Furthermore, can you define exactly what you mean when you say that the Mass is a "propitiatory sacrifice offered for the living and the dead?" If you were to give the standard "Papist" answer of the 16th century, as opposed to the standard Roman Catholic answer of the 20th and 21st centuries, I would reject your theology on the same grounds that Richard Hooker, Lancelot Andrewes and all the Anglicans of the early generations did. You have seen how a Church of England priest described and defined "propitiatory sacrifice offered for the living and the dead?" back in 1624 (provided you read my whole post). William Bedell did not seem to think he was contradicting Article XXXI.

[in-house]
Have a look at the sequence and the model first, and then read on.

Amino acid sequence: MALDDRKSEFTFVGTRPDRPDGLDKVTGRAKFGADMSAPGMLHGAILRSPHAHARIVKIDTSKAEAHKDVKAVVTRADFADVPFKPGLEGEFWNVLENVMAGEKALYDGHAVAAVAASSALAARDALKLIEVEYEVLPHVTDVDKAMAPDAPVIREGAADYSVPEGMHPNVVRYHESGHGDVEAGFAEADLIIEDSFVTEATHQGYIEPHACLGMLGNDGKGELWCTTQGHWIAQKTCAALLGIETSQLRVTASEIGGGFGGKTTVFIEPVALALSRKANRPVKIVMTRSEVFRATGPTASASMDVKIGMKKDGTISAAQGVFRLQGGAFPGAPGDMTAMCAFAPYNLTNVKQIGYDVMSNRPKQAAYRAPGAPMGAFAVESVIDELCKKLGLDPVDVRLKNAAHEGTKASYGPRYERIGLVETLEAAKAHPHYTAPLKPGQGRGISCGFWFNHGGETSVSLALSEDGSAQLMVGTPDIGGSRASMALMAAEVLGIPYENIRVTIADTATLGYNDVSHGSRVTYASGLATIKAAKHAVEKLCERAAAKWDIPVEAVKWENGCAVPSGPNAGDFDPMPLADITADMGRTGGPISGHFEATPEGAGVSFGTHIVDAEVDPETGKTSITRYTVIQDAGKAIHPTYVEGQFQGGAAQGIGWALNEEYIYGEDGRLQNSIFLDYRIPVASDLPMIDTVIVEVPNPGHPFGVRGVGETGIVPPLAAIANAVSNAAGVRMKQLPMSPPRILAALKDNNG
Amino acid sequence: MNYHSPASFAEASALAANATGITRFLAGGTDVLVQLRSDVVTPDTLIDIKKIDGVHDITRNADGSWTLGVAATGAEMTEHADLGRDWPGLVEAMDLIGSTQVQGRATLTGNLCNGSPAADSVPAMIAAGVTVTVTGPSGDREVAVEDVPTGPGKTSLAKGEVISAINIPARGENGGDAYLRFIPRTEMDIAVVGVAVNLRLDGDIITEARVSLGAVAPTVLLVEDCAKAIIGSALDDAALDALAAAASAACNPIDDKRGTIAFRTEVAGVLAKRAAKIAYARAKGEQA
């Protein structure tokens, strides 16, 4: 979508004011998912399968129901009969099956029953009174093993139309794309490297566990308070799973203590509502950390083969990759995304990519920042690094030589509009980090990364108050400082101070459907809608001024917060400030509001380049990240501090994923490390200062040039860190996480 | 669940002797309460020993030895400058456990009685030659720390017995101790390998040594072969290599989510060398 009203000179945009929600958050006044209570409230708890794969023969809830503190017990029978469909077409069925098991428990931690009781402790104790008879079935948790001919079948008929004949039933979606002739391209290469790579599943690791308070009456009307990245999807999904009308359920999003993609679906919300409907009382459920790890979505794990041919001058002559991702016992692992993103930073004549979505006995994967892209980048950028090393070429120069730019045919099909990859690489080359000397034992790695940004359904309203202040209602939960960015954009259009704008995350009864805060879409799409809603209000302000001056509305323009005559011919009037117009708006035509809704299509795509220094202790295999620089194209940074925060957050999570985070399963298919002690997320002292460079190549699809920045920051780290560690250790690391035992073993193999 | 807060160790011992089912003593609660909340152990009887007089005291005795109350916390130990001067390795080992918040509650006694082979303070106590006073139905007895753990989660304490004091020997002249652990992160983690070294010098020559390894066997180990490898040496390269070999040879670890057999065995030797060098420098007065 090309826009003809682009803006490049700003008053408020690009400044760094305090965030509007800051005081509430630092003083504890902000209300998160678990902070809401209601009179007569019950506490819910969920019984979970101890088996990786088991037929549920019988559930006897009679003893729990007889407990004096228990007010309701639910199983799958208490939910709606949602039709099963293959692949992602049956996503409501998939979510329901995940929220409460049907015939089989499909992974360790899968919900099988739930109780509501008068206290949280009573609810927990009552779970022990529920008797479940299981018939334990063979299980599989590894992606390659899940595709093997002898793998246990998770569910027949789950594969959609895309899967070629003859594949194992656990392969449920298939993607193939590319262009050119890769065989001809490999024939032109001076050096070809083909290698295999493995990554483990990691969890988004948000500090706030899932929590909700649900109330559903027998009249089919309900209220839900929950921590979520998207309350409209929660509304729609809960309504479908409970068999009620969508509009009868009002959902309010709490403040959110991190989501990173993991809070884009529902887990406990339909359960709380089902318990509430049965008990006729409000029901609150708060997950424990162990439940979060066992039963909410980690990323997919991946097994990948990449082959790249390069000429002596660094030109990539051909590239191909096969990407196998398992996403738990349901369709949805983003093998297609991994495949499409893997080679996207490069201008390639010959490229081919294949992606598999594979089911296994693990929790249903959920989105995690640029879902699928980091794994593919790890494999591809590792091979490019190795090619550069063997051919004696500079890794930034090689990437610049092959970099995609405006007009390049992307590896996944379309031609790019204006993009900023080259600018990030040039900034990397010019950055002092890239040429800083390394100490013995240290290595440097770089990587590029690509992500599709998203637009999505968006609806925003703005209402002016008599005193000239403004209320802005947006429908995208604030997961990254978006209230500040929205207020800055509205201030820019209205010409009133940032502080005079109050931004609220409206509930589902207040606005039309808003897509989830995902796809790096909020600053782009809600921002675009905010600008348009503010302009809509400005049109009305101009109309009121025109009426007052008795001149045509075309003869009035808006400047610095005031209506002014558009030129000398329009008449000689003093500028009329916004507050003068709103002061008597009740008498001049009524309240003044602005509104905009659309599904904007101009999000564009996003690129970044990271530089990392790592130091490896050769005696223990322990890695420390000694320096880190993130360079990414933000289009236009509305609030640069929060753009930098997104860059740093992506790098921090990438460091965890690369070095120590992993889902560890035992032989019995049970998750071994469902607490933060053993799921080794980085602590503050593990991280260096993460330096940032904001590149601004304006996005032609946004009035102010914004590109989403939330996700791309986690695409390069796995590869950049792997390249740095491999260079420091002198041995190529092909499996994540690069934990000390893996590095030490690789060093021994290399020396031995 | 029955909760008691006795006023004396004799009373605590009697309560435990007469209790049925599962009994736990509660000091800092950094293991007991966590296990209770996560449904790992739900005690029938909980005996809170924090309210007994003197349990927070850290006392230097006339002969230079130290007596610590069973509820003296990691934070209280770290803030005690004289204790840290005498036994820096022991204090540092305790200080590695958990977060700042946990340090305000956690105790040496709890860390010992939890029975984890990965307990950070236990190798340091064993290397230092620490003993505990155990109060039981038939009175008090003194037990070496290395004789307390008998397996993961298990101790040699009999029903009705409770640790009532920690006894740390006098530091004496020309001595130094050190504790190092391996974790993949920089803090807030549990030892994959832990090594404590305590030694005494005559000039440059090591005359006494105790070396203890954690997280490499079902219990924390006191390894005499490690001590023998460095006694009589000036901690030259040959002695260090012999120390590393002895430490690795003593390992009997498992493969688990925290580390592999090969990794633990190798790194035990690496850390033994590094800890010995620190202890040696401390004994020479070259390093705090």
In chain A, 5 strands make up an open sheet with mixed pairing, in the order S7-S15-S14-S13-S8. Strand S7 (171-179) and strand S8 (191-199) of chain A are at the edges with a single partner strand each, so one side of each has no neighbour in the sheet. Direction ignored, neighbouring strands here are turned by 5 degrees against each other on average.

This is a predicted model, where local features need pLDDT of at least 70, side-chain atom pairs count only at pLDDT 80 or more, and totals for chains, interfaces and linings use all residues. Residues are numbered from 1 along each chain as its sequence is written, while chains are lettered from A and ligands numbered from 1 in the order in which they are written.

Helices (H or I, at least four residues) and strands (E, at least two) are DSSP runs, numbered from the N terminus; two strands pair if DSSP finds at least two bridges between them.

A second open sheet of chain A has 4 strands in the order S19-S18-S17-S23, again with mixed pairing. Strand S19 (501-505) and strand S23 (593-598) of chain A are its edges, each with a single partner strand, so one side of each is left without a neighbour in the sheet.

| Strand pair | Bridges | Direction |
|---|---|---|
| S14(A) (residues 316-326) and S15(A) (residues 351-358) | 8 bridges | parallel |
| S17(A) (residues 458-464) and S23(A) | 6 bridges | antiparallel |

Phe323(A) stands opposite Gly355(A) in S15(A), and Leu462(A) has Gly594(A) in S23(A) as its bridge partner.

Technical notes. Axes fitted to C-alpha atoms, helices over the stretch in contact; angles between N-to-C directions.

Which leads to my question: What gives you confidence that we don't mean what we say we mean? Or, that our fathers did not mean what they said they meant? From the time of Archbishop Matthew Parker until now, the Roman Catholic argument has been, "you mean what we think you mean, not what you think you mean; we know your thoughts better than you do." They have refused to accept straightforward responses from Anglicans about the Anglican mind and meaning, despite the absurdity of dismissing one's own interpretation of one's own words.

So, was William Bedell wrong about what he and his fellow C of E priests intended whenever they celebrated? Did he misunderstand Article XXXI, even though his English was closer to that of the 16th century than is yours? Were the Anglicans calling their own service "blasphemous and dangerous deceit" since it was "the Masse" by name?

Or do you think that maybe, just maybe, William Bidell understood his own church back in 1624?.